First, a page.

Perhaps the most important information you can gain for working with a child is to learn about his or her resources, interests, skills, and positive experiences. Undoubtedly, if you have spoken with the child's parents you will have heard about all the problems they see in their child. The child has no doubt heard this, too—many times over. It is likely to have been discussed at length within the family, to the point that the child is fed up with hearing it again and again. To continually remind a child of what is wrong with him or her does not necessarily give the child the skills to change and, certainly, does not enhance his or her sense of self-worth. For the therapist, joining in a discussion of the problems with the child runs the risk of triggering resistance on the part ofthe young client who, understandably, does not want to hear it all again from someone new. Once in this position, the therapist has lost potential therapeutic potency and will need to take a different orientation to be able to offer the hope of change.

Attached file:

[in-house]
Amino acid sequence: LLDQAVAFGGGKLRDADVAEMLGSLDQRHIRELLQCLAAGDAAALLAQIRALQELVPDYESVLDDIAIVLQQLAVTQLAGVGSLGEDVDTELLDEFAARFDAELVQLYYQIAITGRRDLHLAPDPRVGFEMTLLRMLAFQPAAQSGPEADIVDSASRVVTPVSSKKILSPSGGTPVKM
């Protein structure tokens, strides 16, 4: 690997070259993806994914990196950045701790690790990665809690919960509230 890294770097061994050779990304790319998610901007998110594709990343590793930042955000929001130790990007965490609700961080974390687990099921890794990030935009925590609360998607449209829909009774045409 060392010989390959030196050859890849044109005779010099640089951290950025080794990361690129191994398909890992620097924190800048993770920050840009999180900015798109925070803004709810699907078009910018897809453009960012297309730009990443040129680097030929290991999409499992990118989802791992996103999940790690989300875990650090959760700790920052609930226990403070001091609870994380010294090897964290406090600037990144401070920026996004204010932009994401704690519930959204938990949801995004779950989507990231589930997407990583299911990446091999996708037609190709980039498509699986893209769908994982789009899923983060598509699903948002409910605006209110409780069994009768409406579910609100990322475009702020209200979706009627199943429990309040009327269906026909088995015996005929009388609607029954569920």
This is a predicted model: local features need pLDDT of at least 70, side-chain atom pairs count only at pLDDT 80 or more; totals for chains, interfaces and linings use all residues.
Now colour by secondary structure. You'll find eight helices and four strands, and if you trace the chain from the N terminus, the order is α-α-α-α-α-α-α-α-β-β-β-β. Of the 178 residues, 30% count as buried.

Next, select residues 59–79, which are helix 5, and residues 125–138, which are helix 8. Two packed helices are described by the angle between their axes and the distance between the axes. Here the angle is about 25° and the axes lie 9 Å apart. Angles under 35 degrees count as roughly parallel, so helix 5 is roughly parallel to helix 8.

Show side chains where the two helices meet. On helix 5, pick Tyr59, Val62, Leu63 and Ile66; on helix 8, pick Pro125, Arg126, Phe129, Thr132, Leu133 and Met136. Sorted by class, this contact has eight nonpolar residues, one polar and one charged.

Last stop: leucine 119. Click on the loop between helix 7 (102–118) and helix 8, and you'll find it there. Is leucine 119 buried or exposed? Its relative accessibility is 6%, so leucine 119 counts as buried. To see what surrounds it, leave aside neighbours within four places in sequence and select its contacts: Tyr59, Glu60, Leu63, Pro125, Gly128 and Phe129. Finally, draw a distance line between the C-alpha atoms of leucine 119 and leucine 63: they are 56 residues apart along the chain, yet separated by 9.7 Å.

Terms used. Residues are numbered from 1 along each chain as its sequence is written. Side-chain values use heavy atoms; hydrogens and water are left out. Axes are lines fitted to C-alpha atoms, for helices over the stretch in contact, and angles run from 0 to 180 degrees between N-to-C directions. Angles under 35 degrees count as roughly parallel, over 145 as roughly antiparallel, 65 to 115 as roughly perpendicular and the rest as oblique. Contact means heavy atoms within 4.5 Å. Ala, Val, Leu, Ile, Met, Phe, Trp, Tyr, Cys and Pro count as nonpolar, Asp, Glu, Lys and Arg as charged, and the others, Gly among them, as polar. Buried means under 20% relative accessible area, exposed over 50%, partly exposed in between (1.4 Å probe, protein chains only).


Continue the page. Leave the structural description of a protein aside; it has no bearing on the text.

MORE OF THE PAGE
Material that is likely to engage children, build on their resources, and give them confidence to move forward may be gained from a variety of questions that seek to explore their capabilities, strengths, and potential for making therapeutic gains. Such resource-oriented questions might include the following:
■ What hobbies do you enjoy?
■ What books do you like reading?
■ What is special about your favorite characters?
■ What are you favorite subjects at school?
■ Who are your closest playmates?
Let me give an example. I recently saw a 12-year-old boy (referred by his pediatric rheumatol-ogist) who had been diagnosed with a diffuse pain syndrome that involved debilitating symptoms following an automobile accident. He found it difficult to walk, stand, hold a pen, play, or participate in sports. He had stopped attending school, did not see his friends, and spent most of his time playing video games. His specialist had suggested a psychogenic element to his problems and was encouraging him, along with his psychiatrist, physiotherapist, and parents, to start doing things again. From a therapeutic perspective this was very appropriate, but Andrew (as I have called him in a metaphor based on his case, Story 88, "Getting Back on Your Feet") did not believe he could, and so was passively resisting all efforts.
Not wanting to risk our sessions' slipping into the same pattern, we talked about his past interests and hobbies, and how he might resume these when better. We explored ways, often in metaphor, of seeking to broaden, subtly and simply, the types of activities in which he could engage and to build this into a more extensive repertoire. I was deeply touched when, on leaving my office after one session, he looked me in the eye and said, "You know, you're a good friend." On that we had a basis to work.
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